“Malls are being pummeled by a confluence of factors,” said James Gellert, chief executive of the financial analysis firm RapidRatings. “Tenants that were already weak are facing significant financial trauma. Then you have macroeconomic stresses: Reduction in employment, lowered consumer spending, supply chain disruptions.”

J. Crew joins at least half a dozen national retailers that have filed for bankruptcy this year, including Pier 1 Imports, Modell’s Sporting Goods and True Religion. Others have taken action to hold on to cash. Some, like the Gap, have stopped paying rent. A number of others have cut executive pay, furloughed employees and canceled orders for spring inventory.

J. Crew, which posted a list of frequently asked questions about its bankruptcy, expects to continue operating during reorganization and says customers should not expect any immediate changes. Lenders have agreed to convert $1.65 billion of debt into equity, according to the bankruptcy filing. Much of that figure stems from its 2011 leveraged buyout by the private-equity firms TPG Capital and Leonard Green & Partners.

“This agreement with our lenders represents a critical milestone in the ongoing process to transform our business with the goal of driving long-term, sustainable growth for J. Crew and further enhancing Madewell’s growth momentum,” chief executive Jan Singer said in a statement, referencing its smaller, but more successful, brand.

In its bankruptcy filing, J. Crew’s parent company, Chinos Holdings, said it owes between $1 billion and $10 billion to more than 25,000 creditors. It estimated assets of $1 billion to $10 billion.

J. Crew had planned to spin off Madewell into a stand-alone company. In a September filing, the company said it expected to raise as much as $970 million by taking it public. But it scrapped the idea in March following a “strong” fourth quarter — its first profit after seven straight quarters of losses. Bloomberg reported that J. Crew and its creditors couldn’t agree on final terms.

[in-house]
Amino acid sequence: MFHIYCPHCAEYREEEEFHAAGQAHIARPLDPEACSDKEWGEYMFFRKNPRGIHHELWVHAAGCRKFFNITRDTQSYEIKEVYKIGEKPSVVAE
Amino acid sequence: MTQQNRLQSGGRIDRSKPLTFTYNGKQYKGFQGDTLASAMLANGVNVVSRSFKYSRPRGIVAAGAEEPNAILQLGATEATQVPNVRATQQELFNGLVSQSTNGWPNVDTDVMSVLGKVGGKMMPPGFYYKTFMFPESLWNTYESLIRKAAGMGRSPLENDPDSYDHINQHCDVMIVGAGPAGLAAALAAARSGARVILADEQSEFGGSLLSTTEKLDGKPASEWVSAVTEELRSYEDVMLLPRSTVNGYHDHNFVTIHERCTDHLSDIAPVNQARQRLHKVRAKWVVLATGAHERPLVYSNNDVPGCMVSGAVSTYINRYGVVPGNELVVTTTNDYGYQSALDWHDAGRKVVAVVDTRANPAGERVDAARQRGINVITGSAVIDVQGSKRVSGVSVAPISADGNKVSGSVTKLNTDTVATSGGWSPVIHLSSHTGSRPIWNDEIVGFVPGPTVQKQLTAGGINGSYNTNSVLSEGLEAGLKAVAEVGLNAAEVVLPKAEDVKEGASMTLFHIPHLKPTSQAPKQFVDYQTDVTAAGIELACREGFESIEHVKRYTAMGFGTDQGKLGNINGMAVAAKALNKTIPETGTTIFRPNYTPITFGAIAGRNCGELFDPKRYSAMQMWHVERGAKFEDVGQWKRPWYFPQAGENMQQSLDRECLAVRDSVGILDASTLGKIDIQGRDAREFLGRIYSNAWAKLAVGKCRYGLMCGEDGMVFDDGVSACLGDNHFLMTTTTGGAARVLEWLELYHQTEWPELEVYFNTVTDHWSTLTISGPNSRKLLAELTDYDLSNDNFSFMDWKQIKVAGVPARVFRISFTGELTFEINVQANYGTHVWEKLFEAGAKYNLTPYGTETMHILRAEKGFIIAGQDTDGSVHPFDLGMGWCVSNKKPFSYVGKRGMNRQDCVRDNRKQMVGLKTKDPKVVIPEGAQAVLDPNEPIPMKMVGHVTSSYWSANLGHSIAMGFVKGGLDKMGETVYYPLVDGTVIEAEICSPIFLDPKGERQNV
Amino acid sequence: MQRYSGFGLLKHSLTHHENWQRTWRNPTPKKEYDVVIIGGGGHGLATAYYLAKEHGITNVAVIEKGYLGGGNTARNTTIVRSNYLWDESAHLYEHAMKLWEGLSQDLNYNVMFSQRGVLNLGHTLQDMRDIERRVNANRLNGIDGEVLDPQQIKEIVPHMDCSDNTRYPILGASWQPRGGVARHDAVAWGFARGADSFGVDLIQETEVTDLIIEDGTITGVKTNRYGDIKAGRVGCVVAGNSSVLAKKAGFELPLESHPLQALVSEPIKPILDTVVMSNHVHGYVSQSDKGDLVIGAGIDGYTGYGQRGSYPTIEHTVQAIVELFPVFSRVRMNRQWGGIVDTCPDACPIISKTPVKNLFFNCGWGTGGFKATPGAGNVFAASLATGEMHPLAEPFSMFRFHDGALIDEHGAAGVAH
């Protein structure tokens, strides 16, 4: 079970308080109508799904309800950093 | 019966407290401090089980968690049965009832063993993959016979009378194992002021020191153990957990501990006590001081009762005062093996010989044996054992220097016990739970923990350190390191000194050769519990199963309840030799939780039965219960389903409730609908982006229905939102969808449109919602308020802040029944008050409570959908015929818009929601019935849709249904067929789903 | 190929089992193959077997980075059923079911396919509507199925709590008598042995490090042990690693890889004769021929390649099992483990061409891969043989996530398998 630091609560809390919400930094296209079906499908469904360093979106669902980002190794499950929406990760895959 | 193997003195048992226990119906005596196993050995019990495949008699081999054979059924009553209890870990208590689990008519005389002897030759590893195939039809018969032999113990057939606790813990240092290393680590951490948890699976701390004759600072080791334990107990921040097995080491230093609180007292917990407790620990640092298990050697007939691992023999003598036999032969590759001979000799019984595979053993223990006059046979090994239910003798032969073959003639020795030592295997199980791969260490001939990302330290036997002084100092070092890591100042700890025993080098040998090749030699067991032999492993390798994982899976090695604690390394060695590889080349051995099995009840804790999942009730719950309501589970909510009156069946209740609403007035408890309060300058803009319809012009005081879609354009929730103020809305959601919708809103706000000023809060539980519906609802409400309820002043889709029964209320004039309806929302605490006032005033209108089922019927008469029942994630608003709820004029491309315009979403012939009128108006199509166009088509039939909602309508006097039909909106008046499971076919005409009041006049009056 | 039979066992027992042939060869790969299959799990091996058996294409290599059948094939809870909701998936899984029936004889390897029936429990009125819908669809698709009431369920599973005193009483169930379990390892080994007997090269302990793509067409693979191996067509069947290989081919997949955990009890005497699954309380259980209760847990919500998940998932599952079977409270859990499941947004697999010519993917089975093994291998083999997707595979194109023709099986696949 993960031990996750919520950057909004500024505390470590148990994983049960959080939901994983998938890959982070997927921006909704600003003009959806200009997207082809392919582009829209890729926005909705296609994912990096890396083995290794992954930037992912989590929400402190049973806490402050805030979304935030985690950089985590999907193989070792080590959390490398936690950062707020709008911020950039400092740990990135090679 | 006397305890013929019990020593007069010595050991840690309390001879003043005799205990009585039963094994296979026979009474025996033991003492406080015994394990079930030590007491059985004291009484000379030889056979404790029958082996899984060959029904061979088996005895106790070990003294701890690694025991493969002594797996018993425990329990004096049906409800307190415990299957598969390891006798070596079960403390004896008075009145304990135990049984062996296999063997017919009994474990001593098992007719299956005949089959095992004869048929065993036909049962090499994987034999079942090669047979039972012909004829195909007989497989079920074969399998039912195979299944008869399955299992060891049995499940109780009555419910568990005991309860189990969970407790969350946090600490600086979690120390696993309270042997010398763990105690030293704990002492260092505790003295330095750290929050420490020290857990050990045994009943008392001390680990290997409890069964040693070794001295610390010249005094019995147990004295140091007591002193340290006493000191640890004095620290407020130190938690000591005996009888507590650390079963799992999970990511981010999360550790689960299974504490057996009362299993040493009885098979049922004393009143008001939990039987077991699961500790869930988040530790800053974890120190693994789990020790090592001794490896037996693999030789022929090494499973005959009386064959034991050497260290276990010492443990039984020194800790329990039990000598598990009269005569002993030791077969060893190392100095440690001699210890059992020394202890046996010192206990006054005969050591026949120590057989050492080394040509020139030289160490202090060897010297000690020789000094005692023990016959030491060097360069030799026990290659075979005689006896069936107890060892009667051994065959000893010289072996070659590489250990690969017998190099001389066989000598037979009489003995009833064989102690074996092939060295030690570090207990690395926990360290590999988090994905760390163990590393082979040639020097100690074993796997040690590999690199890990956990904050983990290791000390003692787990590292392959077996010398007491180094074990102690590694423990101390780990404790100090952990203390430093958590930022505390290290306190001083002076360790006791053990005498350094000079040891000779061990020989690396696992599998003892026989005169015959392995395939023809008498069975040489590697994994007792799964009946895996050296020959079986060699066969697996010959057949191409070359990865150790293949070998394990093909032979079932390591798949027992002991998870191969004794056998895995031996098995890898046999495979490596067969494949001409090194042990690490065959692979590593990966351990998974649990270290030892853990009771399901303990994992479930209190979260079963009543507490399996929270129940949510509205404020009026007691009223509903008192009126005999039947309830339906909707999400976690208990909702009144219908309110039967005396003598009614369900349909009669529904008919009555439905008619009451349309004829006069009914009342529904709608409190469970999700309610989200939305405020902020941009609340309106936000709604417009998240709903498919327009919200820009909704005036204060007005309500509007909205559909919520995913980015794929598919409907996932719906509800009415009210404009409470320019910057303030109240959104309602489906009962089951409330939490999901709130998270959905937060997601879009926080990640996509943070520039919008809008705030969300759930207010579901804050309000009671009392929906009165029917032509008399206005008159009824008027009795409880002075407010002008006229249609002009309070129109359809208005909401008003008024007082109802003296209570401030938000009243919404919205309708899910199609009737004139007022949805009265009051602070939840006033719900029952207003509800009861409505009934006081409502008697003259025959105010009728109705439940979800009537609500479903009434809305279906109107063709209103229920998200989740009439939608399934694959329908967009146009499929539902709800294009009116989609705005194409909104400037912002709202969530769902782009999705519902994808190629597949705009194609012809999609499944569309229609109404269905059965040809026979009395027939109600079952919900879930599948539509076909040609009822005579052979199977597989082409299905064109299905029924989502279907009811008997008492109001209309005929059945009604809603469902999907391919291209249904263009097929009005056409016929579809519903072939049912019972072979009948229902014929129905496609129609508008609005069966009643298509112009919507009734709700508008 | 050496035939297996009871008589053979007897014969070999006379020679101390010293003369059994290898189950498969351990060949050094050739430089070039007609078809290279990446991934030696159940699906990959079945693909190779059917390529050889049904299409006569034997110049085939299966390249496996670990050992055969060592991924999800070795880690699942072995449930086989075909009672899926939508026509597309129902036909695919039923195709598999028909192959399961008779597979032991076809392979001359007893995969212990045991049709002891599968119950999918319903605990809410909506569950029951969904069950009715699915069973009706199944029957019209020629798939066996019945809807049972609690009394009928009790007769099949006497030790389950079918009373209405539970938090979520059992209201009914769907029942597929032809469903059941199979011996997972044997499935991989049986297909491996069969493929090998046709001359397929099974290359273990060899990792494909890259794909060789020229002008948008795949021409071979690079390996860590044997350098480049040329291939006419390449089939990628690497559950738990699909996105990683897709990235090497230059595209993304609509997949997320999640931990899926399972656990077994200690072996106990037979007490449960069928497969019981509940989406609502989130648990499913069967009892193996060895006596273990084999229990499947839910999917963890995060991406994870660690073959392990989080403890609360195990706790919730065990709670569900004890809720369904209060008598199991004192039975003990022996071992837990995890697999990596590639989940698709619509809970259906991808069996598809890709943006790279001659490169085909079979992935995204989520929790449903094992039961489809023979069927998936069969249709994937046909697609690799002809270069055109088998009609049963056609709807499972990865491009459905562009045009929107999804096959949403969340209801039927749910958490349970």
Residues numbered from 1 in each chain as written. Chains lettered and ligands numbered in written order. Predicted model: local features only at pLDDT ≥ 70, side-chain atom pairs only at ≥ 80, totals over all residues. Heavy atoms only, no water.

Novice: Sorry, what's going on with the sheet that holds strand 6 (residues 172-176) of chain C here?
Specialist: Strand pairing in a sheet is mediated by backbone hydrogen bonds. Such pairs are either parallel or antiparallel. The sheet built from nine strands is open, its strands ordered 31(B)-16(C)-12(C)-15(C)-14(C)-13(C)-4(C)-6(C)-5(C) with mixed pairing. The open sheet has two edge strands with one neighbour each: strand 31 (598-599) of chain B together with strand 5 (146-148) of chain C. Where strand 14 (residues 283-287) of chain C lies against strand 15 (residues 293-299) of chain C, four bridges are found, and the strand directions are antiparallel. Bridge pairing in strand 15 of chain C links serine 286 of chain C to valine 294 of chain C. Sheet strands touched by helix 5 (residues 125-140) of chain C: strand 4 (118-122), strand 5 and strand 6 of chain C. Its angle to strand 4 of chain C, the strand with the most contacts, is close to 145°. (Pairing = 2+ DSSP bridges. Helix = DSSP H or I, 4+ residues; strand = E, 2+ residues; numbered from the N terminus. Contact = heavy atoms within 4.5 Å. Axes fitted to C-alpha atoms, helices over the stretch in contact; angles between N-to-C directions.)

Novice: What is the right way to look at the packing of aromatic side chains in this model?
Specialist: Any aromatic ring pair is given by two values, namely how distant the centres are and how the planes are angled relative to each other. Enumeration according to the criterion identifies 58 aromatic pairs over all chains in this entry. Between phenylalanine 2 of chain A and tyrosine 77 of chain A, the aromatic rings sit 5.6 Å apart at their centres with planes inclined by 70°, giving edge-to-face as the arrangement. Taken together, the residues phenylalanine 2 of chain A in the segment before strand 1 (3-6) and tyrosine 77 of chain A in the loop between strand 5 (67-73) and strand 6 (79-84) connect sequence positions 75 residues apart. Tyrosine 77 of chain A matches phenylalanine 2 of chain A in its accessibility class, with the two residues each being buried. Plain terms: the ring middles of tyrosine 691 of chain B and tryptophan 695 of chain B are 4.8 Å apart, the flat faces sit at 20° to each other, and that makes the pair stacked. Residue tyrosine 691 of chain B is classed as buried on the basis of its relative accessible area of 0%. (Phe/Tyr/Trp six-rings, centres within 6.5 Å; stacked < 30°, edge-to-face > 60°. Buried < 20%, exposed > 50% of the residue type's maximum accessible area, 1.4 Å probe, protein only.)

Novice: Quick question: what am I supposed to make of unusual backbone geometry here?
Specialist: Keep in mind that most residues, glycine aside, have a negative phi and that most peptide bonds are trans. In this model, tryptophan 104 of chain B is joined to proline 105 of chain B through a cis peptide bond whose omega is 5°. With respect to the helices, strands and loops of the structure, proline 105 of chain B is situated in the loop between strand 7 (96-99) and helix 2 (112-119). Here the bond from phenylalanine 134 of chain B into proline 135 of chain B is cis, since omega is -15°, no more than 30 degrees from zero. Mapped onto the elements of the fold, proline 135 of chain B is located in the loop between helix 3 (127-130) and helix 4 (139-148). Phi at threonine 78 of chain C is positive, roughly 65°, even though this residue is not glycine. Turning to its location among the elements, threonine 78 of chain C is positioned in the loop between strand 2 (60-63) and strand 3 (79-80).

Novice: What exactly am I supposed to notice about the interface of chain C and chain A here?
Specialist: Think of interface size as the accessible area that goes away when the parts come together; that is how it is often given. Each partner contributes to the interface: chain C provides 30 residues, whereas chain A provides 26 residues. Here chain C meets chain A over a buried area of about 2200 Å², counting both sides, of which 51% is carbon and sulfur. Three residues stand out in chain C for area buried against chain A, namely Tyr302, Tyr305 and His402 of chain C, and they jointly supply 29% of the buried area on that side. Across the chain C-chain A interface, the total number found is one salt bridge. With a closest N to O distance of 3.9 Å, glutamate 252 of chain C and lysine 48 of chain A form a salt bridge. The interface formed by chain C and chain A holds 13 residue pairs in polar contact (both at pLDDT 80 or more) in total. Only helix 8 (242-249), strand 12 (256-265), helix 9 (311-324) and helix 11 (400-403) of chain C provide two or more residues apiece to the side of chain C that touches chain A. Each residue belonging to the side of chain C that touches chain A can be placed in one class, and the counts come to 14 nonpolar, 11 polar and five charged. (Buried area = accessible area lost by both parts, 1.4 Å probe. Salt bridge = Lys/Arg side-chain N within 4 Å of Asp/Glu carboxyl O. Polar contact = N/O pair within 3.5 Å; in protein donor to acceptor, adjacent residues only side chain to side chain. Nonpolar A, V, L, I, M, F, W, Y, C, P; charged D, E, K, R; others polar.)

The fizzling of the initial public offering, combined with the financial strain of the pandemic, made bankruptcy all but inevitable, analysts said. The company had $2.5 billion in revenue last year, down from $2.6 billion five years ago. J. Crew’s sales fell 4 percent, to $1.7 billion, while Madewell’s sales rose 15 percent, to $602 million.

“J. Crew has been on the bubble for years,” said Paula Rosenblum, managing partner at Retail Systems Research in Miami. “The best thing about Chapter 11 is you get to get rid of stores that you don’t need or want anymore. It’s the only way to break a lease."

The mall-based chain got its start in 1947 as Popular Merchandise, a catalogue-based purveyor of affordable women’s apparel. It established J. Crew in 1983 and opened its first store, in Manhattan, in 1989. J. Crew locations in San Francisco, the Boston suburbs and Dallas quickly followed, and by the early 1990s, the company was bringing in about $200 million a year in revenue.

“J. Crew displays the understated cool of a winner,” Texas Monthly said in a 1992 profile of the company. “Seemingly, lots and lots of people want to live the J. Crew life, which means that they want to buy classic American wear — ‘broken-in chinos,’ ‘vintage workshirts,’ or the ‘J. Crew barn jacket,’ in company parlance — at reasonable prices.”

The brand was an American mainstay for years. Its bright colors and classic silhouettes won over a legion of celebrity fans, including Michelle Obama and Reese Witherspoon.

But things began going south shortly after the company’s 2011 sale. Analysts say clothing quality began to deteriorate, and loyalists complained that the offerings had become dull. There was more competition, too, as direct-to-consumer brands such as M.M. LaFleur and Bonobos gained ground. By 2014, sales were on a downward slope, with the company reporting a $607.8 million loss in the third quarter. The ratings agency Moody’s downgraded J. Crew, cited “weak execution in a challenging apparel retail environment.”

The company’s problems continued to mount. Jenna Lyons, the creative director widely credited with bringing whimsy to the brand, left in 2017. In early 2019, longtime chief executive Mickey Drexler stepped down as well. Singer, a former Victoria’s Secret executive, was tapped to lead J. Crew in January.

“J. Crew’s products have really suffered,” Saunders said. “There have been mounting problems with basic design and aesthetics. They’re selling the same T-shirts and ballet slippers as everybody else, but at higher price points.”

J. Crew has tried to stay competitive through heavy discounting, chipping away at the company’s profit margins. Its website was recently offering an extra 40 percent off sale items, and as much as 60 percent off “dressy-ish” clothing for men, women and children.

“Blue skies ahead,” it said.